Stories produced by students in the Meek School of Journalism & New Media
Women own a little more than a quarter of all businesses in Mississippi and Melissa Crane, owner of Main Street Salon in Tishomingo, is one of them.
Crane has owned her hair salon for more than 12 years and currently employs four people.
“I myself probably work more hours than anybody here,” says Crane. But she goes on the say that, although the long hours and hard work are tough on her family, it is worth it in the long run.
“The longer you work the more money you make.”
This hair salon has been successful for her but says it’s not for someone who needs a consistent paycheck.
“With this particular field you never know what you are going to make,” said Crane. She says she was lucky to have help.
“When I started with my business my husband was very supportive, he helped me financially as well as with the business side.”
In the ten years from 1997 to 2007, women-owned firms in Mississippi increased from 23 to 26.9 percent. That’s according to the United States Census Bureau, Department of Commerce survey.
Today, women in Mississippi who are interested in starting their own businesses may find help at the MACE Women’s Business Center of Greenville.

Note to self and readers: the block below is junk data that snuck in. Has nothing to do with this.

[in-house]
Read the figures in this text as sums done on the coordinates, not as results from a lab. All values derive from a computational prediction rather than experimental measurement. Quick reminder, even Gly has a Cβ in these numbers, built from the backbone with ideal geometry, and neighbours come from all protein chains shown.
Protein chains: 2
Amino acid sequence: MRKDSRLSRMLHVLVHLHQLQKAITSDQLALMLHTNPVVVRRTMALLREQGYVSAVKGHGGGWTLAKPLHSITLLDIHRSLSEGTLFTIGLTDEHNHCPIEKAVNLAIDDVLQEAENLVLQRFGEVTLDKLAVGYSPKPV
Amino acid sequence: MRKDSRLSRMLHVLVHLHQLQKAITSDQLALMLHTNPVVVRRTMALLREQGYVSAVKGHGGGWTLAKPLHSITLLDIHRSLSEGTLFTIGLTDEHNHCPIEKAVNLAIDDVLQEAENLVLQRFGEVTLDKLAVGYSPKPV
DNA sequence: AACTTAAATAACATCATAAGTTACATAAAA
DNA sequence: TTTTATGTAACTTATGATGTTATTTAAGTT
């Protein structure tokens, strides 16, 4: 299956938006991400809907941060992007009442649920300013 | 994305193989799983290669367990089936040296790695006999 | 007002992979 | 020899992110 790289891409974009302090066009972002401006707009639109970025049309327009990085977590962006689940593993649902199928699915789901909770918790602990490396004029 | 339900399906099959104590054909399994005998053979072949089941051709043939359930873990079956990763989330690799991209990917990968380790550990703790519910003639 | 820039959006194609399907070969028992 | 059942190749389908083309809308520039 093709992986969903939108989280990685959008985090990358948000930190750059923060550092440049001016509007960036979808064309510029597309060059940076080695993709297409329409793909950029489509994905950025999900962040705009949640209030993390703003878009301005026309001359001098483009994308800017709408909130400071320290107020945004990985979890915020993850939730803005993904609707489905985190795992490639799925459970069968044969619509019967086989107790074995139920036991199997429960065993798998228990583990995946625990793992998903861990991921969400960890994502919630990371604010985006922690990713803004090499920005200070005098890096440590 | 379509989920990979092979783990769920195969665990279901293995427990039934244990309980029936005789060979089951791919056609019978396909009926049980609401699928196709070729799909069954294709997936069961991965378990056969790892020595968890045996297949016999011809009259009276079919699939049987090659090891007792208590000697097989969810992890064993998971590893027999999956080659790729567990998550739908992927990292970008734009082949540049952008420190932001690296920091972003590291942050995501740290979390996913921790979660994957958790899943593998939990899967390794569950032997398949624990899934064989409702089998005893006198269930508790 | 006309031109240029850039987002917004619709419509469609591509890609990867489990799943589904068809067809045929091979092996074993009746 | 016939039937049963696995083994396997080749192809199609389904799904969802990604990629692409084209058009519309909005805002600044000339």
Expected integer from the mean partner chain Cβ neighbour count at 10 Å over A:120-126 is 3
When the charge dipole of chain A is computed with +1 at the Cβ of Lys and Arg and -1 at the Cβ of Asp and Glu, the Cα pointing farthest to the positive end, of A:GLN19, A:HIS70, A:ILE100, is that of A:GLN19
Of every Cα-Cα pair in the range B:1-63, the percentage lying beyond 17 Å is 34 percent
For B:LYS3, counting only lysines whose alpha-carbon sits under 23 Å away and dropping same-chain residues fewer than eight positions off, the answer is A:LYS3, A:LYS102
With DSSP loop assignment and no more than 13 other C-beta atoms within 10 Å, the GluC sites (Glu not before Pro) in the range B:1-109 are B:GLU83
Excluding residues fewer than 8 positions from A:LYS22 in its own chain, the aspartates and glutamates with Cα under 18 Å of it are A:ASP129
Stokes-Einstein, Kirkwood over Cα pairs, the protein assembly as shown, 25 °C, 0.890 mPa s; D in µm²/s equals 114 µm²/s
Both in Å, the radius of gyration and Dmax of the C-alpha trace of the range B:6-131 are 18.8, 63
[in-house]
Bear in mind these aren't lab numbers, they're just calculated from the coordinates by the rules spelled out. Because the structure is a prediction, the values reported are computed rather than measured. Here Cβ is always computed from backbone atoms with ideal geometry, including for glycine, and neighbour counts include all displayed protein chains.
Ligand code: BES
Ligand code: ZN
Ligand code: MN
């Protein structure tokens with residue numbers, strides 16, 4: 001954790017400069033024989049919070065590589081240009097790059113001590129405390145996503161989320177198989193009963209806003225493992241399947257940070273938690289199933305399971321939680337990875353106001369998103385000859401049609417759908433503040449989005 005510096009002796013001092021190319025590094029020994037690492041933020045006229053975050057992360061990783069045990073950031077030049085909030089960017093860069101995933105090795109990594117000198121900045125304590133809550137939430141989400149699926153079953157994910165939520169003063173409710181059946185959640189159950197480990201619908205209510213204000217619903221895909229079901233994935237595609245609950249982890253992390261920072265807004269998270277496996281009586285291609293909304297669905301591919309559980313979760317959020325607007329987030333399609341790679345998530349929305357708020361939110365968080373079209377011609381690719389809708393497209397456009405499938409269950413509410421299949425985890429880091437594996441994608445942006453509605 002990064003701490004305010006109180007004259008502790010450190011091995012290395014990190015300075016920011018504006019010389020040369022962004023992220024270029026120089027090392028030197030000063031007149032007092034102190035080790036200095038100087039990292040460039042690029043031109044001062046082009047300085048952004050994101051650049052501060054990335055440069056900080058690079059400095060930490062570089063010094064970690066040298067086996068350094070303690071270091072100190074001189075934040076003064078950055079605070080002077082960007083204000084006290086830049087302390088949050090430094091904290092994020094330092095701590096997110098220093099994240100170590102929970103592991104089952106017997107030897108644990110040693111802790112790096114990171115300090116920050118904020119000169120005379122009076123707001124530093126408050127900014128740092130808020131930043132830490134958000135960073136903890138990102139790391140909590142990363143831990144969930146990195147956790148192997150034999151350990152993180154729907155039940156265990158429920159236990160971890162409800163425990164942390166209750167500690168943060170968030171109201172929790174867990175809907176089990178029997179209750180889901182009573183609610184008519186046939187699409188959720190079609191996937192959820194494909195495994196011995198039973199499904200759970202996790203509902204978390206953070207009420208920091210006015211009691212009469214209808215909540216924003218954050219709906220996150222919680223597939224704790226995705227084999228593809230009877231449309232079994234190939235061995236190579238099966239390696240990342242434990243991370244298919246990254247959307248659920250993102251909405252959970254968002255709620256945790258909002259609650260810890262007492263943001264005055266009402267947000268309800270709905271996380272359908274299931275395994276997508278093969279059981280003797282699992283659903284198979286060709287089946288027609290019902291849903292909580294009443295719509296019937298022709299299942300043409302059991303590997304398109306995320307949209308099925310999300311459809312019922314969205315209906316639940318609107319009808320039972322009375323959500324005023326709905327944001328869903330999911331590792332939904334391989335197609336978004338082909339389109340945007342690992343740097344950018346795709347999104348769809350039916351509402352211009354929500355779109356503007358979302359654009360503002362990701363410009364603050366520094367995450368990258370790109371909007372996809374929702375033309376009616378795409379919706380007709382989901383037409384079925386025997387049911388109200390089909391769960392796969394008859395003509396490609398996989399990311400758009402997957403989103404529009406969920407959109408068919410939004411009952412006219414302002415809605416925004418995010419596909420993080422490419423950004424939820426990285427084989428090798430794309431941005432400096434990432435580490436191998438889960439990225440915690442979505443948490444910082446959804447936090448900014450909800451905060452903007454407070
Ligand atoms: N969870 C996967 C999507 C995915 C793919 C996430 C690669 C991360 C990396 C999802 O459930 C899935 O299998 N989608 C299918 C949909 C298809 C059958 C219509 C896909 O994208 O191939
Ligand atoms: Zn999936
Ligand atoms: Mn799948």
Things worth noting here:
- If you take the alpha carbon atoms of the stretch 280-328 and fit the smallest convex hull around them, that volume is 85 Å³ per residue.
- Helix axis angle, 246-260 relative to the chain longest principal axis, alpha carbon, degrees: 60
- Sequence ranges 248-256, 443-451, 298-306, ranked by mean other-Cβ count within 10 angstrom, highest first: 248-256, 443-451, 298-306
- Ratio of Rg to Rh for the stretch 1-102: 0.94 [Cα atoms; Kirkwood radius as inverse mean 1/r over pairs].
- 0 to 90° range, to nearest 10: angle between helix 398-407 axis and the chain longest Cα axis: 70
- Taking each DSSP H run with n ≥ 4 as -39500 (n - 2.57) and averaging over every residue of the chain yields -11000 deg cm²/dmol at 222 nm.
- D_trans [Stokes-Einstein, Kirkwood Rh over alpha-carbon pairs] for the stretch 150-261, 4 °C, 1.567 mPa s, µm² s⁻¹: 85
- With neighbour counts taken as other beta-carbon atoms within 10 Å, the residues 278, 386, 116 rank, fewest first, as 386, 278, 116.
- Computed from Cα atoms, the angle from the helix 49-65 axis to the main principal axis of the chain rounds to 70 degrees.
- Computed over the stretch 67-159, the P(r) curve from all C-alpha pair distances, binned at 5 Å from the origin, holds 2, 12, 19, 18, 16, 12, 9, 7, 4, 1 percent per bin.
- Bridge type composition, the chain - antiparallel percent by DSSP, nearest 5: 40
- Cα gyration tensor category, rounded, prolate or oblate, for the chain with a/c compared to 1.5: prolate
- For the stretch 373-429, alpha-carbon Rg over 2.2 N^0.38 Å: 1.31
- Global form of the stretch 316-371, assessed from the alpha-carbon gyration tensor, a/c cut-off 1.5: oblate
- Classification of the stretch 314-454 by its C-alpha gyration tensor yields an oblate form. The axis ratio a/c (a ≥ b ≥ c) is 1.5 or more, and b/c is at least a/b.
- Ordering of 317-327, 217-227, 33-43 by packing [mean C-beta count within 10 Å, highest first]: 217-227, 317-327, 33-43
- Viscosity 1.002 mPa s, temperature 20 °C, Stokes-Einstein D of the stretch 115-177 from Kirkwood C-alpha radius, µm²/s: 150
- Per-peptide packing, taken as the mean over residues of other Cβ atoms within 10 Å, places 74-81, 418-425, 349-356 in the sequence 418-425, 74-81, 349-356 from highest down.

“I don’t know exactly how many women in Mississippi own their own business, the Census Bureau can offer that information, but business training is available,” according to William Brown, the center’s director.
MACE has a special initiative called the Women’s Entrepreneurial Training and Technical Assistance Program. This program offers hands-on training and counseling services for women wanting to start a business in Mississippi. The program’s workshops and seminars are designed to help new business owners learn to build a base of ustomers, find suppliers for their particular needs and learn what other support is available.
Brown also recommends women check on what the Small Business Administration has to offer, and another resource is the Mississippi Development Authority (MDA).
According to the MDA website, the organization ” works with minority and women-owned businesses to facilitate networking with key industry partners from public and private sectors.”
Crane suggests women who want to start a business should take some classes and be ready to do one more thing.
“Learn how to do your own taxes.”